Attitude shift

Deconstructed pie

After I wrote the previous post, I did a lot of thinking along the lines of, “Who am I to complain?”

For two hours of my morning, and the expected price tag, a competent auto body specialist fixed the window problem, and I moved on with my day.

I returned home and put together a lovely lunch of leftovers, then combined my feet and MetroBus to get to City Greens Farmer’s Market.  Biking in full half-past-noon sun in the 103-degree heat index lacked appeal.

With the walk/bus option, I can either use a sun hat or my sunbrella to avoid sunscreen. Around here, many people are happy to use light rail (MetroLink), but either have tons of excuses for not using the bus, or seem to never consider it, which is a shame.  Metro upgraded their website and the trip planning feature now links to Google Transit — pretty user friendly.

While I was out and about, I encountered a few things that put my “problems” into perspective, and reminded me to be thankful.  Although I don’t practice it daily, I like No Impact Man’s idea of making a gratitude list.  Here’s mine for today:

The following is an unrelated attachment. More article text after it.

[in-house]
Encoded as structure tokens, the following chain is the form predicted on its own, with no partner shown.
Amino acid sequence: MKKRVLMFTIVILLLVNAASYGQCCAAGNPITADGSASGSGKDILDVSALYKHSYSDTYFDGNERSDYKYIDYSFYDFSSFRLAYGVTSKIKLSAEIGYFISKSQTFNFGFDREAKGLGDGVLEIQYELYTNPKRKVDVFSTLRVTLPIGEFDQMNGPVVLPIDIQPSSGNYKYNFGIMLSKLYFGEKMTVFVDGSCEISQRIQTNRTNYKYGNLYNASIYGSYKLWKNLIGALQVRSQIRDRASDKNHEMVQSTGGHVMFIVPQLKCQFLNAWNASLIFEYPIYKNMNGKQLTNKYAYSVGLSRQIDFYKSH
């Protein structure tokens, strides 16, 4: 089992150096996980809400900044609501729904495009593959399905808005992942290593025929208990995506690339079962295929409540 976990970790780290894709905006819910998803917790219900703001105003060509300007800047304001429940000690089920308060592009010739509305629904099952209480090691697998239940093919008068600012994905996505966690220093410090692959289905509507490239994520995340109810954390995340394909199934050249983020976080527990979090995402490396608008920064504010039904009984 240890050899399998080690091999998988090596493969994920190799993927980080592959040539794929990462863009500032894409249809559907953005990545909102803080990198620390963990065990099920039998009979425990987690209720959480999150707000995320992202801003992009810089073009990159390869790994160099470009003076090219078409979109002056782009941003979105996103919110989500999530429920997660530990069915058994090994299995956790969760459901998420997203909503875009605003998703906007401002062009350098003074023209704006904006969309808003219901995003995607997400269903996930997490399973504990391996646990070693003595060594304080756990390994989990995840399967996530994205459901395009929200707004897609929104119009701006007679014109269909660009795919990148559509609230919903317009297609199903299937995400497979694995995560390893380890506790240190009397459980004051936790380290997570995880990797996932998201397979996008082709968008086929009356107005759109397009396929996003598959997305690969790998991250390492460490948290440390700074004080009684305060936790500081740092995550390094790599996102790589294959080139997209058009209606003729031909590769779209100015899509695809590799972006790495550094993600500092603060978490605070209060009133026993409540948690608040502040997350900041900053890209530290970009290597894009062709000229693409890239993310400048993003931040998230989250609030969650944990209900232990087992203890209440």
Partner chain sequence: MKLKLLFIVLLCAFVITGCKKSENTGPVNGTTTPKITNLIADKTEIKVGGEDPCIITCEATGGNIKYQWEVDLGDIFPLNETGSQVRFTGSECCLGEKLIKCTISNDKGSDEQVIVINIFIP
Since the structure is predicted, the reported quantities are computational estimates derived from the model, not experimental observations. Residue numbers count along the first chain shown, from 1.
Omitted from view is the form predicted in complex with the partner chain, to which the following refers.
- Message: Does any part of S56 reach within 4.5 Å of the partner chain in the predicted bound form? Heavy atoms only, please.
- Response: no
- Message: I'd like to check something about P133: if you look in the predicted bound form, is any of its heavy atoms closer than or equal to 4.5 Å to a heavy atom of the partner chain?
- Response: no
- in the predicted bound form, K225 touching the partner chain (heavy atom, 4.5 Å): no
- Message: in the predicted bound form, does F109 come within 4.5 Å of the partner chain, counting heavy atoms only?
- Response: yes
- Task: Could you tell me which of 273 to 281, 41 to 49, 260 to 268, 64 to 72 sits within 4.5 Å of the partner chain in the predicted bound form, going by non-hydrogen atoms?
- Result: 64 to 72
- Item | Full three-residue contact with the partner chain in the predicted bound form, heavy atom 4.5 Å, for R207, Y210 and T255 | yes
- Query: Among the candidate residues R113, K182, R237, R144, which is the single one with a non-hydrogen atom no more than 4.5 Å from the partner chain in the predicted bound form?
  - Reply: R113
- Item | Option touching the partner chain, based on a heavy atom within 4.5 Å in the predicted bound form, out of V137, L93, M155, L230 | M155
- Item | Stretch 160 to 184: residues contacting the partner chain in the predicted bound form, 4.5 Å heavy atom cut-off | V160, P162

1. Circus Flora (St. Louis’ own one-ring circus) — we went last night.  The artists display such an amazing combination of athleticism, grace, strength, and beauty.  I love watching bodies in motion.
  2. My legs that carry me when I walk or bicycle for transportation.
  3. My family.
  4. Local farmers who work hard (for not much profit).
  5. Homegrown blackberries, featured in deconstructed pie 🙂

Car, ugh

The power windows on my bicycle never give me any trouble 😉  The ones on the car are another story.  On Wednesday afternoon, the left front window displayed a new trick it learned — the trick where it does not go up.  Well, eventually it went up; with a lot of coaxing and long rest breaks, it went up a little bit at a time, until, finally, closed!  I immediately pushed the window lock button to prevent an accidental lowering.